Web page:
Harrison Weber is TNW's Features Editor in NYC. Part writer, part designer. Stay in touch: Twitter @harrisonweber, Google+ and Email. Harrison Weber is TNW's Features Editor in NYC. Part writer, part designer. Stay in touch: Twitter @harrisonweber, Google+ and Email.
We’ve been covering Wanderfly since its first beta test in 2010, when it set out to be the digital version of spinning a globe and throwing out your finger to pick your next destination. Since then, the site has grown and matured, adding new partners in February 2011, inspiring over 4 million travelers from 217 countries and even teaming up with the New York Times in late 2011.
Previously, the site prominently featured specs and details like hotel prices, airfares, things to do and the weather. Now, with a fresh redesign that showcases user-generated local recommendations and a Pinterest-esque, visual layout, Wanderfly has turned itself into the ultimate guide for tourists and locals alike.
The heart of the site hasn’t changed, you can still browse ideal travel destinations based on duration, price, etc, but now it is emerging as one of the most impressive discovery tools for cities all over the globe.
The redesign was in beta for quite a while, where travel blogger gurus and brands like the History Channel built up the content. And now that the site is available to the public, the response has been outright incredible.
So far, in just 7 days, users have submitted travel recommendations in 322 cities, meaning that Wanderfly now has content in 522 cities in total. Compare this to traditional travel guides like Fodor’s, which has guides in 300 cities over its entire history. At this pace, the site could easily become the fastest growing and most extensive social travel guide ever, with phenomenal content submitted by locals.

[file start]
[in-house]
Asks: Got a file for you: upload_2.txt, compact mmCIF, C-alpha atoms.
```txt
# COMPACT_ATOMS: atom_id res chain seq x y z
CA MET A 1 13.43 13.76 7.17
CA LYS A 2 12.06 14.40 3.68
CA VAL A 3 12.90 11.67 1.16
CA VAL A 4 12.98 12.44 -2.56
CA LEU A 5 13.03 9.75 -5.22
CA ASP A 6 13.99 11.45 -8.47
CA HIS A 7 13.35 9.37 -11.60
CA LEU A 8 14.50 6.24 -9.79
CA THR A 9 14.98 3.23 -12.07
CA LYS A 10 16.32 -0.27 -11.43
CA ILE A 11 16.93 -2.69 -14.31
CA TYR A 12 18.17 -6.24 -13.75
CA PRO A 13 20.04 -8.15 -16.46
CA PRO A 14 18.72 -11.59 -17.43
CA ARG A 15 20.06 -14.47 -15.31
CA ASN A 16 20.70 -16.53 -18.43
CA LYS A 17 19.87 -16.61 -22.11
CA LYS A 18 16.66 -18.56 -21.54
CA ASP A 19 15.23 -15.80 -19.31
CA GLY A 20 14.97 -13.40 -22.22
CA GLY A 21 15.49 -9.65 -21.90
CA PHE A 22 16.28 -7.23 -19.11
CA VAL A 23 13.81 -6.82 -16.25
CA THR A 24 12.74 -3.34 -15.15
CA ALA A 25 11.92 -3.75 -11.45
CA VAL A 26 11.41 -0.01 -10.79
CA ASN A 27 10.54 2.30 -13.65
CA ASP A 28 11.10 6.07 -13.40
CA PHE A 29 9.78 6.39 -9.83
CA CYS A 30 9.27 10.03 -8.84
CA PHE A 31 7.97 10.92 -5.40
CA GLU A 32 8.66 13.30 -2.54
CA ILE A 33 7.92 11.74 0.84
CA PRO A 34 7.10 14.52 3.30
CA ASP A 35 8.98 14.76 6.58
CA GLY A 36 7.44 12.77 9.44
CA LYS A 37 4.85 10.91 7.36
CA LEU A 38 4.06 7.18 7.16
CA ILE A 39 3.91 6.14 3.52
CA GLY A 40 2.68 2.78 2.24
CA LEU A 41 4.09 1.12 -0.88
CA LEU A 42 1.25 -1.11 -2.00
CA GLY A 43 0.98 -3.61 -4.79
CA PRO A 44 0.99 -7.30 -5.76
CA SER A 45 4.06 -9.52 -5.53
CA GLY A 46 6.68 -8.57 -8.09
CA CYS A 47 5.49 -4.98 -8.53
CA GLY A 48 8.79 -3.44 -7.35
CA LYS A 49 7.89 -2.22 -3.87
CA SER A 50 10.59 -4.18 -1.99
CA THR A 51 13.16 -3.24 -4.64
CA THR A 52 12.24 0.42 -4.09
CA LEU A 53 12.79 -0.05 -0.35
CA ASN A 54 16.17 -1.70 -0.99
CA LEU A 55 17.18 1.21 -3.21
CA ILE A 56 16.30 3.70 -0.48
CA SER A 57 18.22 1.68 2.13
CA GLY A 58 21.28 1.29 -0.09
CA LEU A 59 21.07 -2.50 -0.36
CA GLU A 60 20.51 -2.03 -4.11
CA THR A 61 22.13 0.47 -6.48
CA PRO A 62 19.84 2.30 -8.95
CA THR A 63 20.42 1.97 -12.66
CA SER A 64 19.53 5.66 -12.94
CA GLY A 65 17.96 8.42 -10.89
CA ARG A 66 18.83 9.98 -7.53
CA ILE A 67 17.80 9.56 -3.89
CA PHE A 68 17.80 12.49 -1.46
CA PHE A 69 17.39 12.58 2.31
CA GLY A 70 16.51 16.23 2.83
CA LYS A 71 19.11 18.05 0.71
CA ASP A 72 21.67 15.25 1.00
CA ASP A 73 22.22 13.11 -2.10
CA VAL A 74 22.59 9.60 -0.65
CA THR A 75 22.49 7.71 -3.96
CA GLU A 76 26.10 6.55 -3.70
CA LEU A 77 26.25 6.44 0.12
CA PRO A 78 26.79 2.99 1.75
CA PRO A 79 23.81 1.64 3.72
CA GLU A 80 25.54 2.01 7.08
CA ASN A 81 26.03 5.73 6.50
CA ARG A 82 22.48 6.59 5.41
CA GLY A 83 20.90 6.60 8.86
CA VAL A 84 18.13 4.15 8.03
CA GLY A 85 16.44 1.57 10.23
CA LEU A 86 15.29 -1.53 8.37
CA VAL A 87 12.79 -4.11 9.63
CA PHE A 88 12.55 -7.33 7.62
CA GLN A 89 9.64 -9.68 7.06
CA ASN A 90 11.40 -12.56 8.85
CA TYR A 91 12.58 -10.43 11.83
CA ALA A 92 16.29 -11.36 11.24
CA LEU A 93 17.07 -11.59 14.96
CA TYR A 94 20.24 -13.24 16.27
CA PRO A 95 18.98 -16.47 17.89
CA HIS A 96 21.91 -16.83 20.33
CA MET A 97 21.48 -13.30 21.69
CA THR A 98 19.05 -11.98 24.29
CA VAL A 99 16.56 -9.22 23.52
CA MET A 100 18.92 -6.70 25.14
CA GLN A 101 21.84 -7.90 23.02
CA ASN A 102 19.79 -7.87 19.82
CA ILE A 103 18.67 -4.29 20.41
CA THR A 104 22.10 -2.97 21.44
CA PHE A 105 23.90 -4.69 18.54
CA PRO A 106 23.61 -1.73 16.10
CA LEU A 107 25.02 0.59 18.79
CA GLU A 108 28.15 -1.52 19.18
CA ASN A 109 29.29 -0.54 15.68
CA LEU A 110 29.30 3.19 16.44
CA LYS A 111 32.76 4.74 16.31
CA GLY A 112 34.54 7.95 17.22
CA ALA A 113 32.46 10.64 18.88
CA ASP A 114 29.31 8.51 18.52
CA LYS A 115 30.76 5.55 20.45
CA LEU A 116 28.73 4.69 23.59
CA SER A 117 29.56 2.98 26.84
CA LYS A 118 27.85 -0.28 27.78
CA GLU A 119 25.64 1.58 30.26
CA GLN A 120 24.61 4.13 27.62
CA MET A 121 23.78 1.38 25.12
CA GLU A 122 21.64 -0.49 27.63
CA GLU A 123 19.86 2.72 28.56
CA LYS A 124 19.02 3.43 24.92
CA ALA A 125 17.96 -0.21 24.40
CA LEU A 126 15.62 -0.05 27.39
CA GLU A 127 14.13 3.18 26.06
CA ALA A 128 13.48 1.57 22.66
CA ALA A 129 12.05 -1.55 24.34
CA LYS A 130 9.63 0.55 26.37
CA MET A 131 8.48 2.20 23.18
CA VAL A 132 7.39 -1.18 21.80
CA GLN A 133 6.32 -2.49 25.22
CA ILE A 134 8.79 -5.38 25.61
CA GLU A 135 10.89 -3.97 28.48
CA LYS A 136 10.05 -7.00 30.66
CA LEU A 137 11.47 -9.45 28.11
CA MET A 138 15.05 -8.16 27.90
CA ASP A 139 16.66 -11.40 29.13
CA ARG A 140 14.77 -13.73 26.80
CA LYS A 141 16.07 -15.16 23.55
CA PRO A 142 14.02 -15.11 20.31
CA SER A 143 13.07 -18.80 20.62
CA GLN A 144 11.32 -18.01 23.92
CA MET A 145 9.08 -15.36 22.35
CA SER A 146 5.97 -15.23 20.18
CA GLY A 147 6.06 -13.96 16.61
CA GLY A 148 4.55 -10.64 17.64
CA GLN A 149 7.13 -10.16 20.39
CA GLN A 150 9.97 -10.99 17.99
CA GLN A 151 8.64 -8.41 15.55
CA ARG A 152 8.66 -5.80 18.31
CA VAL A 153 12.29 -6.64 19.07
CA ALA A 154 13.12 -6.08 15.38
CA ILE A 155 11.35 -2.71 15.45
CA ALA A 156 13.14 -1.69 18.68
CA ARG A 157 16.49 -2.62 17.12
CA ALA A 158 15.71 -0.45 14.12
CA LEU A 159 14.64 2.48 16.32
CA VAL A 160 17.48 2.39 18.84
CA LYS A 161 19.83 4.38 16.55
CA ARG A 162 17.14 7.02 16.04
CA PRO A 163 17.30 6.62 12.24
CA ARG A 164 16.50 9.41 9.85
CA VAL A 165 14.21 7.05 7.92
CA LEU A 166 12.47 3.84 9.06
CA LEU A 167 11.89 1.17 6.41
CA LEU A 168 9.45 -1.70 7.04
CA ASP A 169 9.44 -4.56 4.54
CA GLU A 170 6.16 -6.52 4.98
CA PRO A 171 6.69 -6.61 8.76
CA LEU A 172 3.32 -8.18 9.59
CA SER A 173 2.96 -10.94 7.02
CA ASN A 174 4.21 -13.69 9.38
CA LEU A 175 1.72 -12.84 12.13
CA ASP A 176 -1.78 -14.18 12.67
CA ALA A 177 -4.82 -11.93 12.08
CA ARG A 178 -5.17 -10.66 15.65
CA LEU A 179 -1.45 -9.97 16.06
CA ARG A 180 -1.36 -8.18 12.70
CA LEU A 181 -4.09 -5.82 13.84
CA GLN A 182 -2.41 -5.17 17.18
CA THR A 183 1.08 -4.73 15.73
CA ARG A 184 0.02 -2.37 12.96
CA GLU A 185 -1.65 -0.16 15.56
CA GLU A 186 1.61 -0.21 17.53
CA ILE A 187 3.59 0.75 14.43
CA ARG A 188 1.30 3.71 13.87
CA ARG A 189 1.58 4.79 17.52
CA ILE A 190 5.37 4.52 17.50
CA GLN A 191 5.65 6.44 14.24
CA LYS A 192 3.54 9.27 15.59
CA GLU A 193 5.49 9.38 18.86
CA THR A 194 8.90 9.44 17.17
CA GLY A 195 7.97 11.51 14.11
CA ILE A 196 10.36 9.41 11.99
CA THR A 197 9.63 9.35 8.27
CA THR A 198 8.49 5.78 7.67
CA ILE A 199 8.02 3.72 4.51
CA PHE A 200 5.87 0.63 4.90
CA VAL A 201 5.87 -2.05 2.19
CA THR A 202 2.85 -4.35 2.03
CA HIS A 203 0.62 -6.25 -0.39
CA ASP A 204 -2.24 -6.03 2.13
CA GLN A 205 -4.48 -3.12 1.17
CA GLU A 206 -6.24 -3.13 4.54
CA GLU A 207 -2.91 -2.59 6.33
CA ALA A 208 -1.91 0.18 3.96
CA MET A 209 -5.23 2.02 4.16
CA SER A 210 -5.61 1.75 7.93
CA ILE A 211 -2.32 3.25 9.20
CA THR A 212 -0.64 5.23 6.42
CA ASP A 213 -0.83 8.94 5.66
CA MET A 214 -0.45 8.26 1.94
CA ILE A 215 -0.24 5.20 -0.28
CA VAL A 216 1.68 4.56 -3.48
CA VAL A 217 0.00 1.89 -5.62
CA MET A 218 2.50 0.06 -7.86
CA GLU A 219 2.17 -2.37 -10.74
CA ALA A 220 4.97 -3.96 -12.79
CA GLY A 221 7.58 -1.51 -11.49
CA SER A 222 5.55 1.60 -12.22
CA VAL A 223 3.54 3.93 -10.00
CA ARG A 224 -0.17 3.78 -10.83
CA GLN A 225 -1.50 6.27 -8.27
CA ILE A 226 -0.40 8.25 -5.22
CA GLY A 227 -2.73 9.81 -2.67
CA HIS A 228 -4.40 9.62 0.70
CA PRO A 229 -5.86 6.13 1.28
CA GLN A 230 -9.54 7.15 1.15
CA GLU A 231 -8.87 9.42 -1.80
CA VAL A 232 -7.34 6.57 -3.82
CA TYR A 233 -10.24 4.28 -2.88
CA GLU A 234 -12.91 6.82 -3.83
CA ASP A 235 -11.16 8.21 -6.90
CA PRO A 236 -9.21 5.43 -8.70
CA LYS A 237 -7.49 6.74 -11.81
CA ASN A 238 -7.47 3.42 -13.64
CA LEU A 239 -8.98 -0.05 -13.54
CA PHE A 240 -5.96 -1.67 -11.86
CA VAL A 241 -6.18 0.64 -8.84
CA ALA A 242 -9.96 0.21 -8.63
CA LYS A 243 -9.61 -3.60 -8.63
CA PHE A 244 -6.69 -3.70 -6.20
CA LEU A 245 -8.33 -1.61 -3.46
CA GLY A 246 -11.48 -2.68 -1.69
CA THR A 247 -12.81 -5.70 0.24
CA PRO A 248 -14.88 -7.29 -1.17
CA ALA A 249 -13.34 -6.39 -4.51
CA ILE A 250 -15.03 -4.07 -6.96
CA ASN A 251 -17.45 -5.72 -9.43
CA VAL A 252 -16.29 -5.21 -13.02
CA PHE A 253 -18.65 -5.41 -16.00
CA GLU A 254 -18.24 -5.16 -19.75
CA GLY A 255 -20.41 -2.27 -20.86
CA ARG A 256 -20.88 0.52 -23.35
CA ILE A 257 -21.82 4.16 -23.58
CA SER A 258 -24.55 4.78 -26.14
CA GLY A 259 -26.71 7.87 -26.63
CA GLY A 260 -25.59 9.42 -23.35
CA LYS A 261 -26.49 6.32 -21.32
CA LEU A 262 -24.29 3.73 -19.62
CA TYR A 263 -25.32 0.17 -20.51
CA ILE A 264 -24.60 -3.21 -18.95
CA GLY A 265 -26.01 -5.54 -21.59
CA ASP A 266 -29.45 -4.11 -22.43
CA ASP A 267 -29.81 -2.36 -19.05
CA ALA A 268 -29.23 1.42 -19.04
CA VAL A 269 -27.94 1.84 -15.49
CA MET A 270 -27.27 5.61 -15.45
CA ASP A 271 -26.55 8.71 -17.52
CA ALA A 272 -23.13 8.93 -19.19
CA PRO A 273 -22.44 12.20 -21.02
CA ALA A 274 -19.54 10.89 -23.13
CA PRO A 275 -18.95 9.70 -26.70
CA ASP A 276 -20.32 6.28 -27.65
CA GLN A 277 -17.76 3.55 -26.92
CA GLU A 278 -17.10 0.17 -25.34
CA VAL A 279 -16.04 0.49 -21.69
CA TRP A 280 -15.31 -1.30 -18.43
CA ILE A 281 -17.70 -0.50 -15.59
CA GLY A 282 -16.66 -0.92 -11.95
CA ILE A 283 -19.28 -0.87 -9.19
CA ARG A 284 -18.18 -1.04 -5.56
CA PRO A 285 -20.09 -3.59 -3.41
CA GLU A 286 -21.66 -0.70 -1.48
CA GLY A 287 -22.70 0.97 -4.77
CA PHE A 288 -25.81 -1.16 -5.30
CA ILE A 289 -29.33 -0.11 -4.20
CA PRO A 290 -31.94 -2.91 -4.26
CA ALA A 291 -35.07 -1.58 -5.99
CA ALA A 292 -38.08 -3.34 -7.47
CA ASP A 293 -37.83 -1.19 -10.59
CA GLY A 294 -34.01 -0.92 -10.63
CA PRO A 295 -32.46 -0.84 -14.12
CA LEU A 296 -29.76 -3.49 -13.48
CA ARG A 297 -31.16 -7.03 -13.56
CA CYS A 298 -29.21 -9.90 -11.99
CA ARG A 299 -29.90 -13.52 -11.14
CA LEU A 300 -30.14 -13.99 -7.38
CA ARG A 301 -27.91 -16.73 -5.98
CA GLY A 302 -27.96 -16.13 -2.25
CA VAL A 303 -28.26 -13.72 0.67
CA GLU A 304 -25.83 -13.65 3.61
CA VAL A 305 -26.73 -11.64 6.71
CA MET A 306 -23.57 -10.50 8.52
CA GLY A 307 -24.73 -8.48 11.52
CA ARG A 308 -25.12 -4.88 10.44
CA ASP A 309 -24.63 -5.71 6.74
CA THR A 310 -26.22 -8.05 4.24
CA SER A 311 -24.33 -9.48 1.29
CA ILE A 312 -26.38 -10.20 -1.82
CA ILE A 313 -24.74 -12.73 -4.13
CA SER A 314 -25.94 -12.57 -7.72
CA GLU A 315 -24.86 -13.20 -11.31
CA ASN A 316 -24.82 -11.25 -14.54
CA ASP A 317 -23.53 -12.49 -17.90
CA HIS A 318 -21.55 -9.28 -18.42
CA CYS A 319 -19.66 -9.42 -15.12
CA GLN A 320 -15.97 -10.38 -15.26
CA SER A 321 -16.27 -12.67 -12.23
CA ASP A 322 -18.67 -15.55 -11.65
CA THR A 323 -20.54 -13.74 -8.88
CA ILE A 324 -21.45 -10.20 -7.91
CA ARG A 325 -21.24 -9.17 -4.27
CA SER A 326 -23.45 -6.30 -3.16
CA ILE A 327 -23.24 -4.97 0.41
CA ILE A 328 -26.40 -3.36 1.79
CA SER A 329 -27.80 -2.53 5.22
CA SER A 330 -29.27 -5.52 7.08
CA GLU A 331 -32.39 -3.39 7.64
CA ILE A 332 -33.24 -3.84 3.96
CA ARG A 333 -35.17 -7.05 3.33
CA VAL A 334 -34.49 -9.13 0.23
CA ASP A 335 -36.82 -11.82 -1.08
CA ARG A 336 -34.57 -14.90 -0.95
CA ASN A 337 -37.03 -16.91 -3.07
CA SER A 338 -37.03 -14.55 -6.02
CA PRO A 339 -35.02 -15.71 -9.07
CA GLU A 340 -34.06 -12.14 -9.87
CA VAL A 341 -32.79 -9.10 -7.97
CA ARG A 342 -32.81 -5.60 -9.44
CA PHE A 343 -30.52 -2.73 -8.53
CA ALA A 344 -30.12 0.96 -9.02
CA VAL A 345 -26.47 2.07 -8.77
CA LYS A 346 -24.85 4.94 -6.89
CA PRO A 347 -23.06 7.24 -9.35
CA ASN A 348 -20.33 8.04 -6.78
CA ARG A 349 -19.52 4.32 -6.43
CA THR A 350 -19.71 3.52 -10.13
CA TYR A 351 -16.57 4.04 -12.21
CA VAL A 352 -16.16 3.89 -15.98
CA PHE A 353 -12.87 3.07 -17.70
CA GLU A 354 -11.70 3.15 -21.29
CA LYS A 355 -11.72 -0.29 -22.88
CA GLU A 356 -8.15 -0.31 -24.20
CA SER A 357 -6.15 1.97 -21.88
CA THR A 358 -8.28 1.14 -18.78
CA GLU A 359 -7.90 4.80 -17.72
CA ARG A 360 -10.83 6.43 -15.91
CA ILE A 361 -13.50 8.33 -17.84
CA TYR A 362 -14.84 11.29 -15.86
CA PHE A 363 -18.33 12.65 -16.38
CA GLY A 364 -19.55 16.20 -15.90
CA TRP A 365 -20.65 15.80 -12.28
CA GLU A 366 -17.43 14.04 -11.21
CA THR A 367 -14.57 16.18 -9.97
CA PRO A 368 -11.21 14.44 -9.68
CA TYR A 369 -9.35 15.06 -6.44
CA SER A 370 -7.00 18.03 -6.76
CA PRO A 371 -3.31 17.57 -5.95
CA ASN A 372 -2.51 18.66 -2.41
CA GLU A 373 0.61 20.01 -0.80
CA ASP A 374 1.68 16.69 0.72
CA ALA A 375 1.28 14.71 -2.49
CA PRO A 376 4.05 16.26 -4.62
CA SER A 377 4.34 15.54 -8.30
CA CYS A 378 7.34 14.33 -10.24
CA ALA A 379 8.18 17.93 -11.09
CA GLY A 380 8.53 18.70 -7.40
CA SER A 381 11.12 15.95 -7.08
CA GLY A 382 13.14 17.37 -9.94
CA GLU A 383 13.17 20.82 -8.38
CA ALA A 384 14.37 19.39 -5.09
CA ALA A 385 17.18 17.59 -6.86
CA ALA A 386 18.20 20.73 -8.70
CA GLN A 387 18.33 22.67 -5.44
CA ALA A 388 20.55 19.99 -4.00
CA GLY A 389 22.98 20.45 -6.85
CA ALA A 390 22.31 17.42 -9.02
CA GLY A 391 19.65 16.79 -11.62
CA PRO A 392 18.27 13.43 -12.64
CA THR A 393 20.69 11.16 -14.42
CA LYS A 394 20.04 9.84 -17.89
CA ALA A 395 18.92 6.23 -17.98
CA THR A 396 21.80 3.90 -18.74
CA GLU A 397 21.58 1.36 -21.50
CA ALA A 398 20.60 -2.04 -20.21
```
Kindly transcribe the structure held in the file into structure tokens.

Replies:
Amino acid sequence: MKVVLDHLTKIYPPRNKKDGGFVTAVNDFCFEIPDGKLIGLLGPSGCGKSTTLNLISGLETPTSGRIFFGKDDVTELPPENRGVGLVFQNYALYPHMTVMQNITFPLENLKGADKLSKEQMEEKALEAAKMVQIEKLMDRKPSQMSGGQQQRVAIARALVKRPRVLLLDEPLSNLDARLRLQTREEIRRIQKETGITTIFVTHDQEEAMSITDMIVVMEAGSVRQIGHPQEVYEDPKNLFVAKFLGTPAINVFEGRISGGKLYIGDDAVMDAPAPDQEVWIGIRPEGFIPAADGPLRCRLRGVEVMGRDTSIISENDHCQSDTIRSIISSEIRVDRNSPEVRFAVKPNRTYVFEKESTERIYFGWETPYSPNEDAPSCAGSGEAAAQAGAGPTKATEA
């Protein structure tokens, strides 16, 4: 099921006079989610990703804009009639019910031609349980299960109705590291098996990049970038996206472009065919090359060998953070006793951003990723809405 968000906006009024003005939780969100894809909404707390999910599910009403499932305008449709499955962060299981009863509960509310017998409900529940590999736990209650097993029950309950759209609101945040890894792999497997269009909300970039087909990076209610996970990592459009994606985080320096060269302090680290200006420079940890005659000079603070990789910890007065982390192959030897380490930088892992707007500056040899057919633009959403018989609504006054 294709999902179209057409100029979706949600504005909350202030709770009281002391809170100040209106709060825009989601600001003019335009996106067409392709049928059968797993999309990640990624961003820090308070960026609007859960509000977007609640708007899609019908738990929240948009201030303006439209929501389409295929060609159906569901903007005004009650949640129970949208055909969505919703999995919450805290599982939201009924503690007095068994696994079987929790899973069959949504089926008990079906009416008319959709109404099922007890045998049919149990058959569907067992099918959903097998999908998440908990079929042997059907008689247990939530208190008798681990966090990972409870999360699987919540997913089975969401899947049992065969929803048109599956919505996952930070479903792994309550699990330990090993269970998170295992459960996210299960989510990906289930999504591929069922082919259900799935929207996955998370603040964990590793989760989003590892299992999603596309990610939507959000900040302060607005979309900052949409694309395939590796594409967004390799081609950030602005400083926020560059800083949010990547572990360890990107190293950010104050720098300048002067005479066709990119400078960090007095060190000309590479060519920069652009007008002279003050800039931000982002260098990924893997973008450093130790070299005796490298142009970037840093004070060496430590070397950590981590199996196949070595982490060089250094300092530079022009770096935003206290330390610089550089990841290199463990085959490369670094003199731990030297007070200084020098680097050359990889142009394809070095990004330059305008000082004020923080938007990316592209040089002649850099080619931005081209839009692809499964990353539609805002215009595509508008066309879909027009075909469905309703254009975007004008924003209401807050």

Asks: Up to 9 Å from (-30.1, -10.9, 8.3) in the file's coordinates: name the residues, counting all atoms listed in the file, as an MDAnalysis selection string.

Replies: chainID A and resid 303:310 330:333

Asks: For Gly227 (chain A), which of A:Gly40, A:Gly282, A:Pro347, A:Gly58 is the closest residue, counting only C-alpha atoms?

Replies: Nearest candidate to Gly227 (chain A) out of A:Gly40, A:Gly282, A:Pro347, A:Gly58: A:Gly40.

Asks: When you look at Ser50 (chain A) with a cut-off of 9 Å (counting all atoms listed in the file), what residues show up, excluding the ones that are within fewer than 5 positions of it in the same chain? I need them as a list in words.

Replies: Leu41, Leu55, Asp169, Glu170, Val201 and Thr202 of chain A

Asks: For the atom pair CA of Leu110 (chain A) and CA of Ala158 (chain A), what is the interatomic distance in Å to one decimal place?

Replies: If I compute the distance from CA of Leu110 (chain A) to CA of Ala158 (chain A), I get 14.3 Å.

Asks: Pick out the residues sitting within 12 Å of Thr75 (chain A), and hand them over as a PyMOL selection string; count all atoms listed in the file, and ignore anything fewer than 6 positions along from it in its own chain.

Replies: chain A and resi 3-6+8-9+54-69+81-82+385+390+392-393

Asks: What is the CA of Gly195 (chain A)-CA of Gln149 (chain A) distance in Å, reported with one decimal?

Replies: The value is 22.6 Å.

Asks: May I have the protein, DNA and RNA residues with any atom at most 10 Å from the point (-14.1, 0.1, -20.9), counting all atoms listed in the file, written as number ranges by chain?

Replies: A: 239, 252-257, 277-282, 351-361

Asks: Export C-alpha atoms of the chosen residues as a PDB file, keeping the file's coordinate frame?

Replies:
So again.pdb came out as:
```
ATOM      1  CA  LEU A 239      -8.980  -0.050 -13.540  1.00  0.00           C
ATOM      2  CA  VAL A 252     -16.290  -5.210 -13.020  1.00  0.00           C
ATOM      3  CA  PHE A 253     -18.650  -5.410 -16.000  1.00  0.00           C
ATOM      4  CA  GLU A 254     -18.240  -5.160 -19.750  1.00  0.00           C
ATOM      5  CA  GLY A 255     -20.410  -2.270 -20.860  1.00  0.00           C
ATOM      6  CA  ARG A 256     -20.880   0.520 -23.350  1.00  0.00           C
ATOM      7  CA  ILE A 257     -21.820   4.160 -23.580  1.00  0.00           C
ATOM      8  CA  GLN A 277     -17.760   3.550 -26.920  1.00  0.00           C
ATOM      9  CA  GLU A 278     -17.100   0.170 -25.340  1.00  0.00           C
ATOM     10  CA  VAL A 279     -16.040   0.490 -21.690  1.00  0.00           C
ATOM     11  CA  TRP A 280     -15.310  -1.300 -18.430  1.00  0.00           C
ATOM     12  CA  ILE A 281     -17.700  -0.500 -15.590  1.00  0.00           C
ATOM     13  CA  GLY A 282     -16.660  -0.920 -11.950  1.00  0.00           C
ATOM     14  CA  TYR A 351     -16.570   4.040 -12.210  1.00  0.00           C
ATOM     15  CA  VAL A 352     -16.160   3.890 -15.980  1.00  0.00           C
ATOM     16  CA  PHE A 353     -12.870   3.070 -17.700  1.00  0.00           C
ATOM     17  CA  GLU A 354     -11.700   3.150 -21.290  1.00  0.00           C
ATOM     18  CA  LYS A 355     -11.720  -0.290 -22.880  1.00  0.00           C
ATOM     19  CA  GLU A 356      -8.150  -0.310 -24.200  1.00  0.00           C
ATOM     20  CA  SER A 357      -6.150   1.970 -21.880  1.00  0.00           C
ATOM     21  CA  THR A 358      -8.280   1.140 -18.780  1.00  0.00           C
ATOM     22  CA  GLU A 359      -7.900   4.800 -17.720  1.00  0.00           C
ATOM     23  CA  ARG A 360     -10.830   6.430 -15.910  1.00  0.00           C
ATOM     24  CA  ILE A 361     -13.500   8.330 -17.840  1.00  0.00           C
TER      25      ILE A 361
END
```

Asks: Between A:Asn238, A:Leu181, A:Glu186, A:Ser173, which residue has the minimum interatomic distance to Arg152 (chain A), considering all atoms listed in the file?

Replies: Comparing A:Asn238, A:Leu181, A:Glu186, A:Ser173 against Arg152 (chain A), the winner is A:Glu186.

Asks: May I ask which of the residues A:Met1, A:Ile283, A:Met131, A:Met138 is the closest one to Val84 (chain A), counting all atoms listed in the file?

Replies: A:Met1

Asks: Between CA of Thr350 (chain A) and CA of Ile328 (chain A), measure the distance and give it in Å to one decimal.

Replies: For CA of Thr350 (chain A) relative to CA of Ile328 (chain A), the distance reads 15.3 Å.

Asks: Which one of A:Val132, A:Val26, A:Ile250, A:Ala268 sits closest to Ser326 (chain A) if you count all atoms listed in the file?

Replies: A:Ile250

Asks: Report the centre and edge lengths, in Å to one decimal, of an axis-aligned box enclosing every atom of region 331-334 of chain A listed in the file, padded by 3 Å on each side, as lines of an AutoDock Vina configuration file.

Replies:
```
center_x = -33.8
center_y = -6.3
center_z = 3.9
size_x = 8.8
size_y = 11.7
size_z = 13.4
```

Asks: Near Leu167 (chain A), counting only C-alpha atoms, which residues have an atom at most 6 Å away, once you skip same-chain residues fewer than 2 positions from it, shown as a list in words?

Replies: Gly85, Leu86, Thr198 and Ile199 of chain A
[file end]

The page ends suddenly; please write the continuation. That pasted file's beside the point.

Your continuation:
As for the site’s user-base, the average visitor spends 20 minutes on the site, and one third of them have returned within the past few days. On average, users have each made 3 recommendations and saved 4 recommendations. There have also been 17,000 open-ended searches for destinations, which means that 17,000 times visitors have said “here’s what I like/who I am, what do you have for me?” And since Wanderfly collects at least 3-5 data points every time someone does this, the site already has close to 85,000 points of data on travel intent (from just this one area alone). Mind you, this is all over the course of one week.
Clearly, maintaining this pace will be no easy task, but as content continues to be built out, Wanderfly has the potential to build on this traction and take the platform to a whole new level. Now, with these tools in the hands of its users, we’ll have to wait and see how the community molds the site as it continues to push forward.
Get the TNW newsletter
Get the most important tech news in your inbox each week.